Mitchell Miller: NHL Coyotes sever ties with first draft pick who admitted bullying disabled black classmate

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According to the report, released by the Arizona Republic on October 26, Miller bullied a black teenager with an intellectual disability while in high school in Sylvania, Ohio, in 2016.

Miller and another teenager were accused of instigating Isaiah Meyers-Crothers into eating candy that had been placed in a urinal and physically assaulting him. Miller and another teenager admitted bullying in Ohio juvenile court and were sentenced to community service, according to the Republic.

The athlete sent a letter to NHL teams detailing the incident and apologizing for his actions, Coyotes general manager Bill Armstrong cited in the report.

“Before selecting Mitchell to the NHL Draft, we knew that an incident of bullying took place in 2016,” said Coyotes President and CEO Xavier Gutierrez. “We learned more about the whole issue and, more importantly, the impact it had on Isaiah and the Meyer-Crothers family. What we have learned does not match the core values ​​and vision of our organization and leads to our decision to waive our project rights. ”

Armstrong said he “fully” supported the decision to waive Miller’s project rights.“Mitchell is a good hockey player, but we have to do the right thing as an organization and not just as a hockey team,” Armstrong said. “I want to apologize to Isaiah and the Meyer-Crothers family for all they have been through over the past few months. I wish them the best for the future. ”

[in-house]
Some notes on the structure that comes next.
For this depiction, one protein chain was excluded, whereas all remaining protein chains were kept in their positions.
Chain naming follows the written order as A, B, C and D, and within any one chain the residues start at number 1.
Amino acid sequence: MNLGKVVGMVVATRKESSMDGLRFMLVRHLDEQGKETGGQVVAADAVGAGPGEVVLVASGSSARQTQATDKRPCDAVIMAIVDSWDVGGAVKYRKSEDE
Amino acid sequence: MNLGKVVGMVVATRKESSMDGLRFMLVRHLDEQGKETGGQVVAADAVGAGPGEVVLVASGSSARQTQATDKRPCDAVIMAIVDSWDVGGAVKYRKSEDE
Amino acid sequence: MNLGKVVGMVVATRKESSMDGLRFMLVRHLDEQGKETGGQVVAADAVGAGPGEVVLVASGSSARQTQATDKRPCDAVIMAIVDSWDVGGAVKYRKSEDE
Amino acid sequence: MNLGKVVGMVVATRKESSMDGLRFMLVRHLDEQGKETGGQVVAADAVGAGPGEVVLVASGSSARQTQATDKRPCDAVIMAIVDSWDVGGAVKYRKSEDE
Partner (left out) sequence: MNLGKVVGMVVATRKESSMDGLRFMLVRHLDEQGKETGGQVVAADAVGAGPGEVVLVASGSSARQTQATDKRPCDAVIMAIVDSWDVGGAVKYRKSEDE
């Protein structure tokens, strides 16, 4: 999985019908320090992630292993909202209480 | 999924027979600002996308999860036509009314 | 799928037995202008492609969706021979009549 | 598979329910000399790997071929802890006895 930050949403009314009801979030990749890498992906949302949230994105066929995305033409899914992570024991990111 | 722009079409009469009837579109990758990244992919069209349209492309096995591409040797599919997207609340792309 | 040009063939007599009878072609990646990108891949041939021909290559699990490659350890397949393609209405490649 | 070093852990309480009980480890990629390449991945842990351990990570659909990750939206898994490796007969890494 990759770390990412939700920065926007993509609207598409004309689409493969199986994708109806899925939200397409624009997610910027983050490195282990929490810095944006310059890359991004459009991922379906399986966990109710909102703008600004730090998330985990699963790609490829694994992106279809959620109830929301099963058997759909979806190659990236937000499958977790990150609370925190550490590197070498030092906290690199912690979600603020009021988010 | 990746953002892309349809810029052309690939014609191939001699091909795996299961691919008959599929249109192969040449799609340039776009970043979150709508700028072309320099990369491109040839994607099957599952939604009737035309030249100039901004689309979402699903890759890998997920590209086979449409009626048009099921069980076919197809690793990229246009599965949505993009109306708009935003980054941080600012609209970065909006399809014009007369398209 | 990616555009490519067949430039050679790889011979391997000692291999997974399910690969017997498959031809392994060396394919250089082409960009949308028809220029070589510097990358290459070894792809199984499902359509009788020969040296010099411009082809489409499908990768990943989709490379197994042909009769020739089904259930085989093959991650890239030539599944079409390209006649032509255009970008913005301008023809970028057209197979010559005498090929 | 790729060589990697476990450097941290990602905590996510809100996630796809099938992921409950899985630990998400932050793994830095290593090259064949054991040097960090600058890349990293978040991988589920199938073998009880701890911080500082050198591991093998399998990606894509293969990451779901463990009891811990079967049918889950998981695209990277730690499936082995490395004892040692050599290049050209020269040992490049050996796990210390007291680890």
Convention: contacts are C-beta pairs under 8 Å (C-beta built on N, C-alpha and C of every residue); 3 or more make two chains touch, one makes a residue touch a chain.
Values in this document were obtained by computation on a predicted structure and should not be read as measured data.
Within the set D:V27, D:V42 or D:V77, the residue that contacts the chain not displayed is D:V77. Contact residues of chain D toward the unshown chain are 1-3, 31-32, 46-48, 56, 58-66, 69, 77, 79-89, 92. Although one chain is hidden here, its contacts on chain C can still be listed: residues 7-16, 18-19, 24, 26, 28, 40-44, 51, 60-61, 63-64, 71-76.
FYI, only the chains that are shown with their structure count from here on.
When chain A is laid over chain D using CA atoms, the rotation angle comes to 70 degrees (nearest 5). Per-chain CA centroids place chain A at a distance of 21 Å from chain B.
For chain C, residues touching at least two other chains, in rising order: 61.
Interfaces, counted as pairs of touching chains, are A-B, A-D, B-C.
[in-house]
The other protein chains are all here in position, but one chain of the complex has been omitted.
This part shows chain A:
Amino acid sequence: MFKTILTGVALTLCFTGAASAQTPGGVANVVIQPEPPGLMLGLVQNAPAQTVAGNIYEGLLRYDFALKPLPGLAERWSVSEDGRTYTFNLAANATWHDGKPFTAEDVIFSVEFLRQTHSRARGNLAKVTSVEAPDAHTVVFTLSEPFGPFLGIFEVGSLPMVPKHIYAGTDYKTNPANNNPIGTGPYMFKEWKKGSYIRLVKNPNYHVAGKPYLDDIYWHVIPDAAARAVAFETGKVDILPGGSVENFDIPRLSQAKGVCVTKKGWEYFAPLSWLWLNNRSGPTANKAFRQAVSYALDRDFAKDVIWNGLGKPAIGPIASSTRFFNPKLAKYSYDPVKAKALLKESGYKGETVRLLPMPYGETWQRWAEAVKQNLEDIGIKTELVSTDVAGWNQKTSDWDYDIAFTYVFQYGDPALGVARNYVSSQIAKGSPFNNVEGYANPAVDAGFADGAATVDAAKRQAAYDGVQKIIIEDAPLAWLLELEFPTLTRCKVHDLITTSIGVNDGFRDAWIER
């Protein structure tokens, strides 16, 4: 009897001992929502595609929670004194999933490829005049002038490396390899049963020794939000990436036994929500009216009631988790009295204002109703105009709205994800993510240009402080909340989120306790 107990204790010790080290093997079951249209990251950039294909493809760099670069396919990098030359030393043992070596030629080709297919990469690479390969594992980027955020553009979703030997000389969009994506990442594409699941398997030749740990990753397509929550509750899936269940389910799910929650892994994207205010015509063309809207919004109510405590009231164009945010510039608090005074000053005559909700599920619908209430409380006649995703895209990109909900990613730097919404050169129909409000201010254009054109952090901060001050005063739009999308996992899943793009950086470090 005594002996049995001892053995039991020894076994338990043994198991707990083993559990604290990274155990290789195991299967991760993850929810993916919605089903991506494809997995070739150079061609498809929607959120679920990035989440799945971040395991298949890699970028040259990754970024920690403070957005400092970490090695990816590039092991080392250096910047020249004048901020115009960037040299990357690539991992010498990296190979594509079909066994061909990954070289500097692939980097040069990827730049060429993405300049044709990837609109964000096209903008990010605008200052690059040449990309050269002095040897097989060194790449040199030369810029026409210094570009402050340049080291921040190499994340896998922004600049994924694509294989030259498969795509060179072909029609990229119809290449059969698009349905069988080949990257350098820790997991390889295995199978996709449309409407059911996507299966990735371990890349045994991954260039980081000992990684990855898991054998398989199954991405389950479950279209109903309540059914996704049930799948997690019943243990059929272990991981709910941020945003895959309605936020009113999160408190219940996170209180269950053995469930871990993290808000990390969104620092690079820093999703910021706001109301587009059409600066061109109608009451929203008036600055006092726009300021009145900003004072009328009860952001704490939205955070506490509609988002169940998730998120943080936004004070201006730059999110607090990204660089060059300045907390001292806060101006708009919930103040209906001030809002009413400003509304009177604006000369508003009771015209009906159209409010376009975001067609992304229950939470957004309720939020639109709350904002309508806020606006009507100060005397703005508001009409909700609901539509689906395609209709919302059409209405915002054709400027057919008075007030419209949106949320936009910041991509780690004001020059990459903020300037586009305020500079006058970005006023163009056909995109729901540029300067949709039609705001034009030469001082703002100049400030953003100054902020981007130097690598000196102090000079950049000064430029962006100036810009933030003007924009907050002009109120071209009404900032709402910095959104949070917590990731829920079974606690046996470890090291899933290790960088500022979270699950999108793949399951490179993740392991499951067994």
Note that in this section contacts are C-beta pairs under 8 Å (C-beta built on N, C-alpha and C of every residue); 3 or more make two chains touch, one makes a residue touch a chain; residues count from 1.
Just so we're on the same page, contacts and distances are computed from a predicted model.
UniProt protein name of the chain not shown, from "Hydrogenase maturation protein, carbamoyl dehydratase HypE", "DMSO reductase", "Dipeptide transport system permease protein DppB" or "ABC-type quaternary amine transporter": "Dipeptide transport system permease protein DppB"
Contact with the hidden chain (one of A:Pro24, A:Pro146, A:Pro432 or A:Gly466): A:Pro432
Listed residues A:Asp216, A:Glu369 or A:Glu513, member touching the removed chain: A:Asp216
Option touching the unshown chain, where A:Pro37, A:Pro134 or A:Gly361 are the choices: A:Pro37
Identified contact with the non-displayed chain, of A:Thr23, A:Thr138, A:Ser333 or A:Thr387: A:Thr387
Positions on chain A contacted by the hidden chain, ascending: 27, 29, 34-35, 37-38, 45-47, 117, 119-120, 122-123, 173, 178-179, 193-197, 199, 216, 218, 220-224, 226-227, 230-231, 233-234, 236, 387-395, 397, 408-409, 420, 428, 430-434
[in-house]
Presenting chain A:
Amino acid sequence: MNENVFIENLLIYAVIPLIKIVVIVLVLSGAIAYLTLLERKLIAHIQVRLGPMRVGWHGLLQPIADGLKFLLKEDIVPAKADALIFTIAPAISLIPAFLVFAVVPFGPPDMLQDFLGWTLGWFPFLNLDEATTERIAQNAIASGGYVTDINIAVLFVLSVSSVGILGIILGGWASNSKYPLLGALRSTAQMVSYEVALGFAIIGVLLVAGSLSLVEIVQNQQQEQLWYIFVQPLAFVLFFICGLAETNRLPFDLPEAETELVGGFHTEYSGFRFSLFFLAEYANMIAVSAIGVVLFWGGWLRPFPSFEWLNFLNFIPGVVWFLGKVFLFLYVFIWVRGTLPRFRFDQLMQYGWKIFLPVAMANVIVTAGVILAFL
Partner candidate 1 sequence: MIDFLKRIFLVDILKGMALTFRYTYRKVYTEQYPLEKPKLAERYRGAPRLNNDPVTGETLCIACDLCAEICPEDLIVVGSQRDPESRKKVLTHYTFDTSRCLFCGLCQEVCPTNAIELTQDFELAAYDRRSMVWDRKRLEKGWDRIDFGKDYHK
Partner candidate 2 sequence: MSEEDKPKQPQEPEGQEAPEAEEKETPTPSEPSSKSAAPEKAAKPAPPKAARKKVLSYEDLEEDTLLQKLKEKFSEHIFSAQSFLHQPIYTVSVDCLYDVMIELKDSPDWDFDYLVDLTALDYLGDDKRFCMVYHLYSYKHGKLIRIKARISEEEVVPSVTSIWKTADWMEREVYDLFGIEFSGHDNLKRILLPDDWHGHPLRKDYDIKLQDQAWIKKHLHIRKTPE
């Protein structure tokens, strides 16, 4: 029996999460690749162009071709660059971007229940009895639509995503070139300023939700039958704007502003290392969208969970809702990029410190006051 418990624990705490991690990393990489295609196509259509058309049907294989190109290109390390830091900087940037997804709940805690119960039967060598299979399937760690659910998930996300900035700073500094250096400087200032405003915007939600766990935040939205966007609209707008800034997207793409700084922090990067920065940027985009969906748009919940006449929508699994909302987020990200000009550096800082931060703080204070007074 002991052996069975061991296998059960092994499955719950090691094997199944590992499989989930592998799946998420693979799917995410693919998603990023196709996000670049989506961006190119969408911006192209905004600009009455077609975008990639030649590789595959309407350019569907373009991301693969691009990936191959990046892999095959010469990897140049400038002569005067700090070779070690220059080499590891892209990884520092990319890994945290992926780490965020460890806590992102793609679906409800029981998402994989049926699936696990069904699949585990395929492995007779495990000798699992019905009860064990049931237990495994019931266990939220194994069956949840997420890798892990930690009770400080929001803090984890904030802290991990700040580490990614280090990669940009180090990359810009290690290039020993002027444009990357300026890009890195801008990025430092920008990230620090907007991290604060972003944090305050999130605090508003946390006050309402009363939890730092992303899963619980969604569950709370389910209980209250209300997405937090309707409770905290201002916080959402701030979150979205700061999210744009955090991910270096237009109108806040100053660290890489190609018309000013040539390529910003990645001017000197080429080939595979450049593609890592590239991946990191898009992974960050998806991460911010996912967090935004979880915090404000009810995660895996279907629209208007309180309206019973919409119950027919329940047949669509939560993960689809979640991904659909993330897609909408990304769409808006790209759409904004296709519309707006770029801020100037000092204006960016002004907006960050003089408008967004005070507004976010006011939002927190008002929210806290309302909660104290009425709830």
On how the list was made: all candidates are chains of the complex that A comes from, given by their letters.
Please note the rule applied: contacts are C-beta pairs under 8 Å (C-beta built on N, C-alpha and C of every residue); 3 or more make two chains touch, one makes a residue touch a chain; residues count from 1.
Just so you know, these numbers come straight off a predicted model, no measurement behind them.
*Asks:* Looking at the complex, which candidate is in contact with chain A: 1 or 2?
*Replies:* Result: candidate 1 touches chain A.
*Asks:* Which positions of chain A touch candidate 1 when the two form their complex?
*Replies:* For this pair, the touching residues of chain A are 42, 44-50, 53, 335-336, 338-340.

Six days before the Coyotes made the decision to drop Mitchell, the hockey player, who attends the University of North Dakota, released a statement through the team, which was sent to the Republic .

He said, “I am extremely sorry for the bullying incident that happened in 2016 when I was in eighth grade. I was young, immature, and felt bad about my actions. ”

He continued, “At the time, I didn’t understand the seriousness of my actions and how they can affect other people. I have apologized to the family for my behavior, taken cultural diversity and sensitivity training, and volunteered in my community with organizations like Little Miracles. Over the past four years I’ve had a lot of time to think and grow and I’m so grateful to the Arizona Coyotes for taking a chance on me. I promise not to let them down. Going forward, I want to be a leader for this cause and help end bullying and racism. ”

CNN attempted to reach Miller via the University of North Dakota.

Isaiah Meyer-Crothers’ mother told the Republic that Miller never apologized directly to her son, other than a letter mandated by the juvenile court.

The University of North Dakota issued a statement after the publication of the Arizona Republic article.

“We are aware of the unfortunate incident that happened with Mitchell in eighth,” the school said. “We decided that our program could provide him with the infrastructure and culture to not only hone his hockey skills, but most importantly, help him in his continued growth as a human being that will last the rest of his life.

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